Colorado fires rage; cooler heads are needed!
This is a post I didn’t plan on writing. However, with the number of inquiries concerning our safety we have received, it’s probably the easiest way I can convey what I know – and it will surely be read by family and friends. Before going any further I want to reassure everyone that Margo and I are safe and well away from the flames as is our daughter Anna and her family. We may live in the Boulder and Laramie counties and reside close to Boulder and Ft Collins, but these forest fires raging in the foothills would have to cover a lot of territory before having any direct impact on any of us.
Having written the above it’s also worth stressing that there are many families facing difficult times with little to no knowledge of their situation, other than what they see in the news or read on social media. Having viewed this material and pulled some images from their coverage it is still shocking to Margo and me that, in modern times, Mother Nature can turn so quickly and bring such devastation such that I really find it difficult to call her Mother. It’s like some George Lucas Sci-Fi movie where the mothers devour their husbands and children only to then turn on anything that moves. I guess I have to add that I have now watched a couple of episodes of the serial, Mandalorian.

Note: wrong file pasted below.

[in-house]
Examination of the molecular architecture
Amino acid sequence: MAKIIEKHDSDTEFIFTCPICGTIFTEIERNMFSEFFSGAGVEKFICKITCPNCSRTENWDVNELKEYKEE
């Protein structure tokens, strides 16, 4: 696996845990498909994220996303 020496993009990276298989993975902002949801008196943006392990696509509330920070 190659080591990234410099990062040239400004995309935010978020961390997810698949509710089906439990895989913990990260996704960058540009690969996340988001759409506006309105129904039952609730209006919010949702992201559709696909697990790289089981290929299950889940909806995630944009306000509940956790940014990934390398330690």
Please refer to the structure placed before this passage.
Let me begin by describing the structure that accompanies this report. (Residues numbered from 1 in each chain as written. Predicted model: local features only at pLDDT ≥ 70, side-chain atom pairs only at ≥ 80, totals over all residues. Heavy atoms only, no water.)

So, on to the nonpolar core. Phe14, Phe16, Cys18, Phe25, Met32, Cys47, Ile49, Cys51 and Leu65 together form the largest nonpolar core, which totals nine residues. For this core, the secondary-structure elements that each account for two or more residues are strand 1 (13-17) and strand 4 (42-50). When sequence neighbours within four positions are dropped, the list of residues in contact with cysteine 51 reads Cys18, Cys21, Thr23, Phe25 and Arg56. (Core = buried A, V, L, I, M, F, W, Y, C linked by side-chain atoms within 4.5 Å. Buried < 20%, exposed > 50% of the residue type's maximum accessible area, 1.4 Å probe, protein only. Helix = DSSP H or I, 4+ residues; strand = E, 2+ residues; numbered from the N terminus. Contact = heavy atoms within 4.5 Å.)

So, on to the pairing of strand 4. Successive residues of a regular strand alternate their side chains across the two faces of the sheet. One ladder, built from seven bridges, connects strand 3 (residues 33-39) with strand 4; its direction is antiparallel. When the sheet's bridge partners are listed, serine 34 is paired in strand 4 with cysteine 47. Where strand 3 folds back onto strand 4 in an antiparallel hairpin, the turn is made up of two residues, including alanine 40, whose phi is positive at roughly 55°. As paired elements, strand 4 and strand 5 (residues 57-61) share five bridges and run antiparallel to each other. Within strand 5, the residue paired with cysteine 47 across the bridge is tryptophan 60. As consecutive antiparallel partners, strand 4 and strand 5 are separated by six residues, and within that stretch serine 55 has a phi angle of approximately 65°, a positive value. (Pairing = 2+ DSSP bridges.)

We have had fires raging up and down Colorado’s foothills ever since we arrived. It’s seasonal and it is a constant reminder that the rolling plains you see depicted lying up close to the mountains are categorized as high desert geographies. Perhaps not quite the equivalent of the Great Sandy Desert of Australia or the Sahara or Kalahari deserts of Africa but nevertheless, subject to extended periods of drought. And this has been our situation for some time whereby the presence of strong winds, it’s truly a furnace waiting for ignition. And now we have two vicious fires that are barely under control – the Cameron Peak Fire and as of the weekend, the Calwood Fire.
The significance of the photo above is twofold. This is an expensive neighborhood that is close to Colorado State Highway 36, a major east-west route that Margo I drove from Indianapolis to Estes Park only a few years back. It takes you through Hannibal Missouri that is alive with the ghosts of Mark Twain. More importantly perhaps is that it goes through many townships within the counties of Boulder and Laramie. The smoldering ruins are what were visible during Sunday morning of the same house that was alight Saturday night and featured in the photo atop this post. The photo is also significant in another way. The residence in the foreground was a house we considered buying on two separate occasions.
The adobe style home wasn’t quite to our tastes but in 1999 it came on the market and we drove past it many times. We liked the architecture but at the time the price point was a tad higher than we were willing to pay. And yet, it was the same year we broke ground on our Niwot home that ultimately ended up costing us almost twice as much. The views from every room in the “adobe house” were spectacular and the interior design was like it was from a spread in Architectural Digest. When it came time to sell our Niwot home, we finally arranged for a viewing as it was back on the market but this time around, maintenance had not been performed for nearly two decades and the tab to bringing it back to an acceptable standard wasn’t something we were prepared to consider.